- What other names is Bitter Yam known by?
- What is Bitter Yam?
- How does Bitter Yam work?
- Are there safety concerns?
- Are there any interactions with medications?
- Dosing considerations for Bitter Yam.
People take bitter yam for diabetes, rheumatoid arthritis (RA), stomach pain (colic), menstrual disorders, and schistosomiasis. Schistosomiasis is a disease caused by parasitic worms.
Be careful not to confuse bitter yam (Dioscorea dumetorum) with wild yam (Dioscorea villosa) or air potato (Dioscorea bulbifera). All three are sometimes called bitter yam.
Insufficient Evidence to Rate Effectiveness for...
- Rheumatoid arthritis (RA).
- Stomach pain (colic).
- Menstrual disorders.
- A disease caused by parasitic worms called schistosomiasis.
- Other conditions.
seizures. Bitter yam also contains chemicals similar to the prescription drug digoxin (Lanoxin). These chemicals could cause a dangerously irregular heartbeat.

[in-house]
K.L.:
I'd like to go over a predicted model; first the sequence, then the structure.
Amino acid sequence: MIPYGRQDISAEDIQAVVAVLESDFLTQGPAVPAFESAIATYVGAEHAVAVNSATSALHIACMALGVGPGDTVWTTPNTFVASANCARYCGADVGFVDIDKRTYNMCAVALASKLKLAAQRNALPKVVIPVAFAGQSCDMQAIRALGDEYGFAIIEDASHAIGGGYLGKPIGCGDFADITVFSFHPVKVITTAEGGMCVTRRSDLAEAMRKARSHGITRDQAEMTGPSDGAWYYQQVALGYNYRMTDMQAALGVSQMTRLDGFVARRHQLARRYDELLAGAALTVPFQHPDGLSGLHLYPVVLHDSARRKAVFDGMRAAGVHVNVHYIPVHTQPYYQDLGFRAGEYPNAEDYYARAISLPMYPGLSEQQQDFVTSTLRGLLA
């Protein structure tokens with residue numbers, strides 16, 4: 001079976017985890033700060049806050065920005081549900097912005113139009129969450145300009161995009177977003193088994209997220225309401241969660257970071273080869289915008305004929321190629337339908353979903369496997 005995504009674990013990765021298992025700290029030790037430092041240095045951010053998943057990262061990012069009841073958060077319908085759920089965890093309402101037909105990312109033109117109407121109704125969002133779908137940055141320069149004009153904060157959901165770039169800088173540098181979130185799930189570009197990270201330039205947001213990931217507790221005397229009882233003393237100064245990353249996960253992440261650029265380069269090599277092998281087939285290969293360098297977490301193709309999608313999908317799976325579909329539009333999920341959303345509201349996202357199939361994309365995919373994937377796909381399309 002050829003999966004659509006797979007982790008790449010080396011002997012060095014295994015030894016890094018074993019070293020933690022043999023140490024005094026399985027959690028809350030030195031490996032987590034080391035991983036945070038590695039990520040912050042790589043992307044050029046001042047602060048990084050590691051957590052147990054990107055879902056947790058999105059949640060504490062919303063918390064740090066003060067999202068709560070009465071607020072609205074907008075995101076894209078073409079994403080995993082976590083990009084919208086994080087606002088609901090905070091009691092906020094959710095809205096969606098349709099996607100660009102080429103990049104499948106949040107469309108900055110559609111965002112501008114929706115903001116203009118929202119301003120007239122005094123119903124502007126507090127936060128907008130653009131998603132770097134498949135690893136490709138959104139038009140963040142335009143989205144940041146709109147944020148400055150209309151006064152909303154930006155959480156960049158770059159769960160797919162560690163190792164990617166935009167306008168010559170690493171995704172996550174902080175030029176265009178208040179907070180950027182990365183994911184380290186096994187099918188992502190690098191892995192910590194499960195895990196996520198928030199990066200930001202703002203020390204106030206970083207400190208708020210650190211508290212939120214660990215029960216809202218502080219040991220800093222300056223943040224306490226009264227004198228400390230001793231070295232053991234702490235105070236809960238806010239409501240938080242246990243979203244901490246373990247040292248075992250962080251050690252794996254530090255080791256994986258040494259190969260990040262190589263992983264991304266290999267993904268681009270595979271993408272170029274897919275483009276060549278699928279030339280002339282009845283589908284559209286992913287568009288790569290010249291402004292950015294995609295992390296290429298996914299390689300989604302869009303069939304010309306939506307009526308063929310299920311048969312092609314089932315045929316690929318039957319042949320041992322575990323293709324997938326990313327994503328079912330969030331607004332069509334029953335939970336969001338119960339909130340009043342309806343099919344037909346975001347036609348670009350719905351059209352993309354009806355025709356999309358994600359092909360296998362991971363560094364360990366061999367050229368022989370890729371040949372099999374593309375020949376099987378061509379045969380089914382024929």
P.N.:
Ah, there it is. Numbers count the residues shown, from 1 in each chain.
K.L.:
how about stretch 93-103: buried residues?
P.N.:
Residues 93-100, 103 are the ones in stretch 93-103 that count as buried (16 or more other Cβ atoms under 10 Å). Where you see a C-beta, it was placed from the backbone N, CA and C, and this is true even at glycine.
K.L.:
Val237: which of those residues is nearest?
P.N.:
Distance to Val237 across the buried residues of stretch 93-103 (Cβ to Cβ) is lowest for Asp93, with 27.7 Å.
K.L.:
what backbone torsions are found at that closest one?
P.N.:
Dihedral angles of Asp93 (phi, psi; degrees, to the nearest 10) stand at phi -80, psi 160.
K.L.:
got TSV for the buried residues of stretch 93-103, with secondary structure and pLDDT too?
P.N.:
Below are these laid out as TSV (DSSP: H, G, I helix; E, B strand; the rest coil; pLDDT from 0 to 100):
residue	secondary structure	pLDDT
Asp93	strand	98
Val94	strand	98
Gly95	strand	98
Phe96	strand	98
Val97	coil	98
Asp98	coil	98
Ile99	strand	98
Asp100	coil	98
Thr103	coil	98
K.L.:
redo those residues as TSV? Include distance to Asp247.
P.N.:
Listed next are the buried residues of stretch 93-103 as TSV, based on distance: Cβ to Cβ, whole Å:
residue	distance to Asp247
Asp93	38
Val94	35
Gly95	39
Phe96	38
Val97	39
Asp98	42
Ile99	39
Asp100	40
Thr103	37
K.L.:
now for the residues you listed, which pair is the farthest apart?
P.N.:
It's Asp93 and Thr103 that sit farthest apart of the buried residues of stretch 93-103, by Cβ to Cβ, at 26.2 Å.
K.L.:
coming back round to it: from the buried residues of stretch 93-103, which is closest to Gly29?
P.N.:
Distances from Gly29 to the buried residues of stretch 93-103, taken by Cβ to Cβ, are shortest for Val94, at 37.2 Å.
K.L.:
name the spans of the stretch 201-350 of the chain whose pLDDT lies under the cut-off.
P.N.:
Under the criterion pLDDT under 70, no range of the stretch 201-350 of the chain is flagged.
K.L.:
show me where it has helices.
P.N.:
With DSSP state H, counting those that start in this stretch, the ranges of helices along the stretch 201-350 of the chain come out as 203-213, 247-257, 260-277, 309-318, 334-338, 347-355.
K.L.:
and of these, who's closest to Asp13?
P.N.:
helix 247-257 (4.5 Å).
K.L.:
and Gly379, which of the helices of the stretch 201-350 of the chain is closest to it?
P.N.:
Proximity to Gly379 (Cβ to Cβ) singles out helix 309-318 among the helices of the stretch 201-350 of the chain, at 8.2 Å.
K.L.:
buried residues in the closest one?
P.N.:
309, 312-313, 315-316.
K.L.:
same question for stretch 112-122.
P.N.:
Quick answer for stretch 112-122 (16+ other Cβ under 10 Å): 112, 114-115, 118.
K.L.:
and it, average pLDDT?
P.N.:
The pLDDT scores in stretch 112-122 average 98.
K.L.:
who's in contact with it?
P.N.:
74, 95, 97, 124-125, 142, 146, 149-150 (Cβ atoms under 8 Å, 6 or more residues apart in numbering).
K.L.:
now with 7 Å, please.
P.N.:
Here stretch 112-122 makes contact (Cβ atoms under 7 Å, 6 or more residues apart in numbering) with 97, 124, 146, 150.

There isn't enough information to know whether the forms of bitter yam that are raised by farmers are safe to use as medicine, even though these forms are more likely to be free of poisonous chemicals.
Special Precautions & Warnings:Pregnancy and breast-feeding: Not enough is known about the use of bitter yam during pregnancy and breast-feeding. Stay on the safe side and avoid use.
Interaction Rating: Moderate Be cautious with this combination.
Talk with your health provider.
Bitter yam contains chemicals similar to the prescription drug digoxin (Lanoxin). Taking bitter yam along with digoxin (Lanoxin) might increase the effects of digoxin (Lanoxin) and increase the risk of side effects. Do not take bitter yam if you are taking digoxin (Lanoxin) without talking to your healthcare professional.
Natural Medicines Comprehensive Database rates effectiveness based on scientific evidence according to the following scale: Effective, Likely Effective, Possibly Effective, Possibly Ineffective, Likely Ineffective, and Insufficient Evidence to Rate (detailed description of each of the ratings).
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